Steinberg: Barkley earns praise

December 24, 2011|By Leigh Steinberg
(ally Skalij / Los…)

Kosher Claus wants to wish all of his readers a very Merry Christmas and Happy Chanukah.

My father wanted us to feel comfortable in a primarily Christian country and we were the luckiest kids in the neighborhood. We received presents for eight nights of Chanukah and then found stockings and more gifts on Christmas morning. I figured out later that my Dad really liked dressing up as Santa Claus and loved to give gifts.

Remember the spirit of the holidays — love, family, faith as well as food and presents.

One Christmas gift that came early to Southern California sports fans — except for Bruins — was the announcement that Newport Beach resident Matt Barkley had made the decision to return for his final year of college football at USC.

It is a testimony to the quality of his character and love for his school that he returned. This should be heartwarming news. But already the media is filled with critical commentary, questioning the judgment of a young man passing up untold certain riches as he embarks on a final year filled with risk.


With the advent of modern pass-oriented NFL offenses, the position of quarterback has become the most critical role in all team sports. History has shown that Super Bowl-bound teams with few exceptions, are successful with "franchise" quarterbacks at the helm.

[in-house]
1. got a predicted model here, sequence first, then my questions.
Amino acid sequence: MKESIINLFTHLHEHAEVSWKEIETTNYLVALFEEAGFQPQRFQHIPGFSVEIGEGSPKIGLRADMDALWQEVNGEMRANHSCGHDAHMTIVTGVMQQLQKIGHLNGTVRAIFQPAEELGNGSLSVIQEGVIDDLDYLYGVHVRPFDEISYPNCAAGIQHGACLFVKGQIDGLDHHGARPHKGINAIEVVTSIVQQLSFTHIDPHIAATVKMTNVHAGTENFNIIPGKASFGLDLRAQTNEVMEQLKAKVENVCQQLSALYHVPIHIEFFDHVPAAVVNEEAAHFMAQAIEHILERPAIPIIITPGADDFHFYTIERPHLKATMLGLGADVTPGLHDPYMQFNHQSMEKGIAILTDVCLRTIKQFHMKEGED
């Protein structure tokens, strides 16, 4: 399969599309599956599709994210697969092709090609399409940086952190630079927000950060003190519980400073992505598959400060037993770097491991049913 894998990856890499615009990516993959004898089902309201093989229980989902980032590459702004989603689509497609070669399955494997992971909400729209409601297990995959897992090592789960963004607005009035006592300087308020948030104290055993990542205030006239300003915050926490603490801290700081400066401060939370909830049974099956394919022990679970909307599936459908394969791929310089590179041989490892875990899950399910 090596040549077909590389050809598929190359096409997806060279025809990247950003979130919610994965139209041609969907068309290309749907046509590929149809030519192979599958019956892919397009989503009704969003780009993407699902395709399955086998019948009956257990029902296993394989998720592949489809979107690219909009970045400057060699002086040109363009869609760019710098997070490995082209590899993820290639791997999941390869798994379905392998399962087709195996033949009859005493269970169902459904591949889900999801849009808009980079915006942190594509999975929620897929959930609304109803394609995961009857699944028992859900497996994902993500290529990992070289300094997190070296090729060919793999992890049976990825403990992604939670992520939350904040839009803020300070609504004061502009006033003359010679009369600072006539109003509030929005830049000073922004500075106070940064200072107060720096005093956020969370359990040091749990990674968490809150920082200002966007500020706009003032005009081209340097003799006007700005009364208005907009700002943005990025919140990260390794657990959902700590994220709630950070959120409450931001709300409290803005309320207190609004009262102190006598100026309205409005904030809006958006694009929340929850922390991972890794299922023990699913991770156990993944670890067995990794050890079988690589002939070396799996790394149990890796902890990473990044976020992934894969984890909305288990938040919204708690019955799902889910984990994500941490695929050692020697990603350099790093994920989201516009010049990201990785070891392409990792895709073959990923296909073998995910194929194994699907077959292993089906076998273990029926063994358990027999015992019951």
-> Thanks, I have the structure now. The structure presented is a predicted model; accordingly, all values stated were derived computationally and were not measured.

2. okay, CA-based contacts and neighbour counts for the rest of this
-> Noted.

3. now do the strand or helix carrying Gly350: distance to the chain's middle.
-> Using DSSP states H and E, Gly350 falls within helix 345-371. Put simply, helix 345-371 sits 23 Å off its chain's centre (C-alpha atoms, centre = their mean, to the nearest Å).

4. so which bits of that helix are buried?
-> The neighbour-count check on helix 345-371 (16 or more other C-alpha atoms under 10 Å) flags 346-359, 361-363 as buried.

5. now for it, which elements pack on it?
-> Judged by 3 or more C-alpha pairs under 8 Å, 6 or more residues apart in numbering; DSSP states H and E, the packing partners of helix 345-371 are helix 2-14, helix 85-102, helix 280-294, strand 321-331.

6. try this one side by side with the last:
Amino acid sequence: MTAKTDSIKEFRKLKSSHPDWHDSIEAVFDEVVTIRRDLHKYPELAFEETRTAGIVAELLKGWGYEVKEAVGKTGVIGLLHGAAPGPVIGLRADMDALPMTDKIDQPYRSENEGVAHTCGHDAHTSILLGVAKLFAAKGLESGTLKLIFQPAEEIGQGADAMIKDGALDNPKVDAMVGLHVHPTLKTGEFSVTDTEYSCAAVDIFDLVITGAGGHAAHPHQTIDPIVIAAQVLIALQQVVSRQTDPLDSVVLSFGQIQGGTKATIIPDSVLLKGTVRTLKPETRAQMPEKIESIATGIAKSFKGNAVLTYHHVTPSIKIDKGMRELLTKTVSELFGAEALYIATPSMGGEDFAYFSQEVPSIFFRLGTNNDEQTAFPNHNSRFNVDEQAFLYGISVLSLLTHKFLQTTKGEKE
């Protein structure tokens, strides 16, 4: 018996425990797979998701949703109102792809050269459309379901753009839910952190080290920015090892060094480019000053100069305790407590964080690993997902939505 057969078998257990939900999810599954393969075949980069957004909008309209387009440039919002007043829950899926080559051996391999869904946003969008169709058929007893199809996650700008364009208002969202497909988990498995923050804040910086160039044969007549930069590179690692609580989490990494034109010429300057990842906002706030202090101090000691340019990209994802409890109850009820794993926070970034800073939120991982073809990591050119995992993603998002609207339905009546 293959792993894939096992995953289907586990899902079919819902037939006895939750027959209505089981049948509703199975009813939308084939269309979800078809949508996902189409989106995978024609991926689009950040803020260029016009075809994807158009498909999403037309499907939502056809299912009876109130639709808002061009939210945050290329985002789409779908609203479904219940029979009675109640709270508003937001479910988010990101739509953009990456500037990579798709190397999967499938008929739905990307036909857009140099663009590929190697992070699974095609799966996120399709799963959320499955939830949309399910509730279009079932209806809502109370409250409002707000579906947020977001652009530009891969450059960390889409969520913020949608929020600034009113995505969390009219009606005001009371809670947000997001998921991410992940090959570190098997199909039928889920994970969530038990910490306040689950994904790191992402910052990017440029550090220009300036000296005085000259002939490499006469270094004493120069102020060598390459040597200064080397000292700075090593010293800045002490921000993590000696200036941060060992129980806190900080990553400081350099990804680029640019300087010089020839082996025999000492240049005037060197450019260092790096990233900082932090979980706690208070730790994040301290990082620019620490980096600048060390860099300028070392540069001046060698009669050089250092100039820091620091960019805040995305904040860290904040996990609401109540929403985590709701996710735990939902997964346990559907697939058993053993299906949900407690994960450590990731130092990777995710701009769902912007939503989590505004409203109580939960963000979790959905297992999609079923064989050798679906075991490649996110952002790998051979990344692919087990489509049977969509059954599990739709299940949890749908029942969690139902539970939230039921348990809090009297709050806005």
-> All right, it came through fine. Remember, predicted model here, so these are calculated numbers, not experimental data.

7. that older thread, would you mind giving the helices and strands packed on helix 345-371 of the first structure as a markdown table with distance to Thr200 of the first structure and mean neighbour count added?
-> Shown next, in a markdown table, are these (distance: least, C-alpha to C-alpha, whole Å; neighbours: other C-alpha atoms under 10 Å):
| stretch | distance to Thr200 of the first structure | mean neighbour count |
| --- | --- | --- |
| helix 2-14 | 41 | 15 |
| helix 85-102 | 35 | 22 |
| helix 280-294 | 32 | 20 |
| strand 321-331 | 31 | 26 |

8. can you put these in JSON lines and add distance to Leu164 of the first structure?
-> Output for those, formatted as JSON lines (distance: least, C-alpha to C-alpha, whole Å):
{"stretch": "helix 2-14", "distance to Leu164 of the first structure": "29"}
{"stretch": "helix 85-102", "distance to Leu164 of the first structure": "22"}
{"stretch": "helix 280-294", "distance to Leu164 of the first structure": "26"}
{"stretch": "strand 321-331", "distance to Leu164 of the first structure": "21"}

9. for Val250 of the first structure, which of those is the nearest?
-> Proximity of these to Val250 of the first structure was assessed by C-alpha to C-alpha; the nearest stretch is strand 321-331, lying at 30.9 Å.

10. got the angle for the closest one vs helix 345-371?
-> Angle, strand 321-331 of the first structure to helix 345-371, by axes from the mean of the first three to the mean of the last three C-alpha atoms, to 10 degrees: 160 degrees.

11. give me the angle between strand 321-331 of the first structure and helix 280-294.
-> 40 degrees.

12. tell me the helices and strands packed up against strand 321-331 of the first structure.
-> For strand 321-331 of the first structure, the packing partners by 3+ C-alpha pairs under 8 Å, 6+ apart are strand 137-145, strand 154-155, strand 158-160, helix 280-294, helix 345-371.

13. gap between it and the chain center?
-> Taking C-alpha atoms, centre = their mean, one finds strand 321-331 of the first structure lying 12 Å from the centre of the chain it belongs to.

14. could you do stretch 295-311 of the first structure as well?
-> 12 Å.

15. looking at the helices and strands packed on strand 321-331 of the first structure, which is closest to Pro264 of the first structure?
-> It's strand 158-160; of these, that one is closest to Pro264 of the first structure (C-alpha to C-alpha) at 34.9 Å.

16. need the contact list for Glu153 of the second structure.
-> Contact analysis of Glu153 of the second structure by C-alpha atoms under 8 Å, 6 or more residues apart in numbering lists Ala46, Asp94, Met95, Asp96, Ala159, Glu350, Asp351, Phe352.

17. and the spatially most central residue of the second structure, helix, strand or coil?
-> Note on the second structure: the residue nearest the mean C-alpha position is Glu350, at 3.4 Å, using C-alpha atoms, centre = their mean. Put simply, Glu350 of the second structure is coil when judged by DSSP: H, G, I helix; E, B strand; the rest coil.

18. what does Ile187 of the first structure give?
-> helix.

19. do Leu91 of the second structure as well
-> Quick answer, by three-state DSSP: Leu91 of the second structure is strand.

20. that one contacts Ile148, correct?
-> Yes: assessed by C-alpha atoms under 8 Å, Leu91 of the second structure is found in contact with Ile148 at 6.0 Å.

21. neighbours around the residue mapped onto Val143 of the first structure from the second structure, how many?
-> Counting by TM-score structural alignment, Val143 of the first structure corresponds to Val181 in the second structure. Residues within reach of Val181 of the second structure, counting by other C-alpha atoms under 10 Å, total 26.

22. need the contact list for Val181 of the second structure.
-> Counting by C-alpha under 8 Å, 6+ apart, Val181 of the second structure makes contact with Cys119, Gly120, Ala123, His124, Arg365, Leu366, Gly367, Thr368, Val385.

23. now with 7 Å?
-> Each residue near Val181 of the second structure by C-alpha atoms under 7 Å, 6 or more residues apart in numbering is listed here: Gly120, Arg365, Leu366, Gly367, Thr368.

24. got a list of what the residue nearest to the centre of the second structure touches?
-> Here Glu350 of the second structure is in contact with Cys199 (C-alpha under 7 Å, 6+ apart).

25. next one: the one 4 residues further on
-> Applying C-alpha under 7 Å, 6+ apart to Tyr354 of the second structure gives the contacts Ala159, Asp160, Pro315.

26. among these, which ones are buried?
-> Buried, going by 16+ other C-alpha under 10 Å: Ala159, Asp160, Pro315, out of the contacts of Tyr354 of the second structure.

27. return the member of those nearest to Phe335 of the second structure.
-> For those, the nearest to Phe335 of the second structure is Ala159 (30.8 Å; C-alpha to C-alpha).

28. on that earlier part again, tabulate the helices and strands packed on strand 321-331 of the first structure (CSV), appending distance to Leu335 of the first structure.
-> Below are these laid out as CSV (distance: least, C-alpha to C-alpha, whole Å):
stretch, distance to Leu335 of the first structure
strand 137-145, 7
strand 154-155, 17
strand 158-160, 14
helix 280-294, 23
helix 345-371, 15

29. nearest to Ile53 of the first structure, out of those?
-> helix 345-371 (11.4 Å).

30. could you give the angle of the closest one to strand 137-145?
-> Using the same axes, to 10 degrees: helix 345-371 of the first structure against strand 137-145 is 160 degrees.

A franchise quarterback is a player a team wins "because of," rather than "with." He is someone who a team can build around for 10 to 15 years. Think John Elway, Brett Favre, Troy Aikman, Peyton Manning and Ben Roethlisberger. They made multiple Super Bowl appearances.

It is the hardest position in football to fill. It requires astute talent assessment and luck in the draft to secure. The developmental process in the first few years is crucial.

In 1999, Tim Couch was the first pick in the first round, Donovan McNabb was second, Akili Smith third, Dante Culpepper and Cade McNown were picked soon after — those players should be playing at a high level right now. None of them are on an NFL roster.

There is pressure to start a highly drafted quarterback in the rookie year because of salary cap limitations among other reasons. It takes time to develop field command and read defenses.

If a young quarterback doesn't have a good running game and defense and is forced to handle a complex offense he can commit multiple mistakes and have his confidence ruined. The media takes all of a month to judge a rookie a bust when it takes a number of years to develop.

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